August 19, 2021

A collective bargaining agreement's silence with respect to a claim for certain benefits defeats a claim for such benefits pursuant to such collective bargaining agreement

The plaintiffs in three appeals from Supreme Court rulings decided on the same day by the Appellate Division, Caldara v County of Westchester, 2021 NY Slip Op 04693, [Caldara], Westchester County Corr. Officers Benevolent Assn., Inc. v County of Westchester, 2021 NY Slip Op 04733, [04733] and Westchester County Corr. Officers Benevolent Assn., Inc. v County of Westchester, 2021 NY Slip Op 04734 [04734], commenced their respective actions seeking to recover damages for the Westchester County's alleged breach of a collective bargaining agreement [CBA] based on Westchester's failure to pay certain benefits to the plaintiffs.

In Caldara the plaintiffs allege that any police officer who has been receiving disability benefits pursuant to General Municipal Law §207-c and who then receives a disability retirement pension upon the County of Westchester's application is entitled, upon retirement, to benefits equivalent to those provided by the Workers' Compensation Law for loss of earning capacity due to permanent partial or total disability.

Similarly, in 04733, theplaintiffs alleged that any correction officer who has been receiving disability benefits pursuant to General Municipal Law §207-c and who then receives a disability retirement pension upon the County of Westchester's application is entitled, upon retirement, to benefits equivalent to those provided by the Workers' Compensation Law for loss of earning capacity due to permanent partial disability while in 04074 plaintiffs argued that any correction officer who has been receiving disability benefits pursuant to General Municipal Law §207-c and who then receives a disability retirement pension upon the County of Westchester's application is entitled, upon retirement, to benefits equivalent to those provided by the Workers' Compensation Law for loss of earning capacity due to permanent total or partial disability.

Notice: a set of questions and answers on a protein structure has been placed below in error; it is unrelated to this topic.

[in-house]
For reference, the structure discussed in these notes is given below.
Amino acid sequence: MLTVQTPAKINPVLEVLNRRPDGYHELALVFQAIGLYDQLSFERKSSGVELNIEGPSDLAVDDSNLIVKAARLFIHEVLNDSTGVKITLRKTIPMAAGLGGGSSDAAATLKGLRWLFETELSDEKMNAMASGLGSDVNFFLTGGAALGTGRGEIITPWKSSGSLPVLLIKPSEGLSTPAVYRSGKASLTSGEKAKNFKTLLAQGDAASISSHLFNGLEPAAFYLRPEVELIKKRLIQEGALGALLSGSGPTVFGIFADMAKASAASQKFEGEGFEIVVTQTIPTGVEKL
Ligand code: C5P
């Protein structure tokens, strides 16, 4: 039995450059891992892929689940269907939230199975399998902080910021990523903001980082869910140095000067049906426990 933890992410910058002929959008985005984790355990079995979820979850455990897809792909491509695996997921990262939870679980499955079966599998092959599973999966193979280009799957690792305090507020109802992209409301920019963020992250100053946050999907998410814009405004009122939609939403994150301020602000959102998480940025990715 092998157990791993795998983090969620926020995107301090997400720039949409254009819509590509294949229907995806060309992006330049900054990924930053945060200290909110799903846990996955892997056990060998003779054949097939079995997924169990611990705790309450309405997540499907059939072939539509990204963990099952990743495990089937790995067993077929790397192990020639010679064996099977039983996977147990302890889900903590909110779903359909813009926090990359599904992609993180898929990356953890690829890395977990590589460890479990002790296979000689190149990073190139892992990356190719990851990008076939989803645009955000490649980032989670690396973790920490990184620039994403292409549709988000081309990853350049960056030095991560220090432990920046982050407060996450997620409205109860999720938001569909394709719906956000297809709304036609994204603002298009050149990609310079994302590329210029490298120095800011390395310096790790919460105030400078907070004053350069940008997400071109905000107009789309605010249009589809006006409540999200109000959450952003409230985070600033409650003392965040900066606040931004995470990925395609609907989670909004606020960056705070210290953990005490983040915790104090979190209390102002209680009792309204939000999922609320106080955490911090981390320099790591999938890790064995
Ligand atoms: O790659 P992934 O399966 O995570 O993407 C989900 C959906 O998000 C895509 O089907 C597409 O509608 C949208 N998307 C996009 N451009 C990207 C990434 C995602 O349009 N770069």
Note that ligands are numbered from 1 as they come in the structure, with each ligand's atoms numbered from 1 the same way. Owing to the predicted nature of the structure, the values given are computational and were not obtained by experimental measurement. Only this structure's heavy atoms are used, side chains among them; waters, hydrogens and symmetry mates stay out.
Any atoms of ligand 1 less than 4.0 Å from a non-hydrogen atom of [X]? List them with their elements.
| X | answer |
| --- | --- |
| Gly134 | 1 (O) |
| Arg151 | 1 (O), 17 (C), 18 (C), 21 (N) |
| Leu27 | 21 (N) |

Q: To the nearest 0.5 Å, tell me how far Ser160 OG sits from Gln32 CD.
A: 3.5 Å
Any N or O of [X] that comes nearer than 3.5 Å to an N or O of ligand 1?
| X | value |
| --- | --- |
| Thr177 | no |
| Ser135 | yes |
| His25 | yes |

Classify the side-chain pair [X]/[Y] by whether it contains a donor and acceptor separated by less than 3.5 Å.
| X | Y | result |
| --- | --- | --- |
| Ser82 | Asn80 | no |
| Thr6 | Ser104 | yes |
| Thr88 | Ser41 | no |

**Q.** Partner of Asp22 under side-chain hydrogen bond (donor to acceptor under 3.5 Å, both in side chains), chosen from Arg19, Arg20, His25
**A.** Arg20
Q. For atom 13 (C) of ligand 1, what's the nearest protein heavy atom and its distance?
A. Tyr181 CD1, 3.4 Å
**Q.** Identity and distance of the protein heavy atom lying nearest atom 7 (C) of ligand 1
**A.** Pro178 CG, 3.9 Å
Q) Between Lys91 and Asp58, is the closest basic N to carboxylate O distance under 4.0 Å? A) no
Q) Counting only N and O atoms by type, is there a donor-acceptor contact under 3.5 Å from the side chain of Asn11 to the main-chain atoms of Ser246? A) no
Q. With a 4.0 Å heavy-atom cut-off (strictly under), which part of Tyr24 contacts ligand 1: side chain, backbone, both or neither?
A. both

In each action Westchester Countyrelied on its argument that the relevant collective bargaining agreement was silent as to such awards, and, as such, the relevant plaintiffs were not entitled, upon retirement, to benefits equivalent to those provided by the Workers' Compensation Law for loss of earning capacity due to permanent partial or total disability. In each action Westchester Countymoved to dismiss the complaints, and those plaintiffs' cross-moved pursuant to CPLR 3025(b) for leave to amend their complaint. The Supreme Court granted the County's motions and denied the plaintiffs' cross motions, and the respective plaintiffs appealed.

The Appellate Division, affirming the lower court ruling in each action, said that "When a party moves to dismiss a complaint pursuant to CPLR 3211(a)(7), the standard is whether the pleading states a cause of action, not whether the proponent of the pleading has a cause of action," citing Sokol v Leader, 74 AD3d 1180. Further, said the court, "In considering such a motion, the court must accept the facts as alleged in the complaint as true, accord plaintiffs the benefit of every possible favorable inference, and determine only whether the facts as alleged fit within any cognizable legal theory", noting the Court of Appeals ruling in Leon v Martinez, 84 NY2d 83.

Here, opined the Appellate Division, the relevant plaintiffs failed to identify a specific provision in the relevant CBA that requires the Westchesterto pay benefits equivalent to those provided by the Workers' Compensation Law for loss of earning capacity due to permanent partial or total disability. Accordingly, the court held that Supreme Court properly granted Westchester's motion to dismiss the complaint.

Click the text in blue to access the text of that Appellate Division decision in  Caldara.

Click in blueto access the text of that Appellate Division decision in 07433.

Click on blueto access the text of the Appellate Divisions decision in 07434.

 

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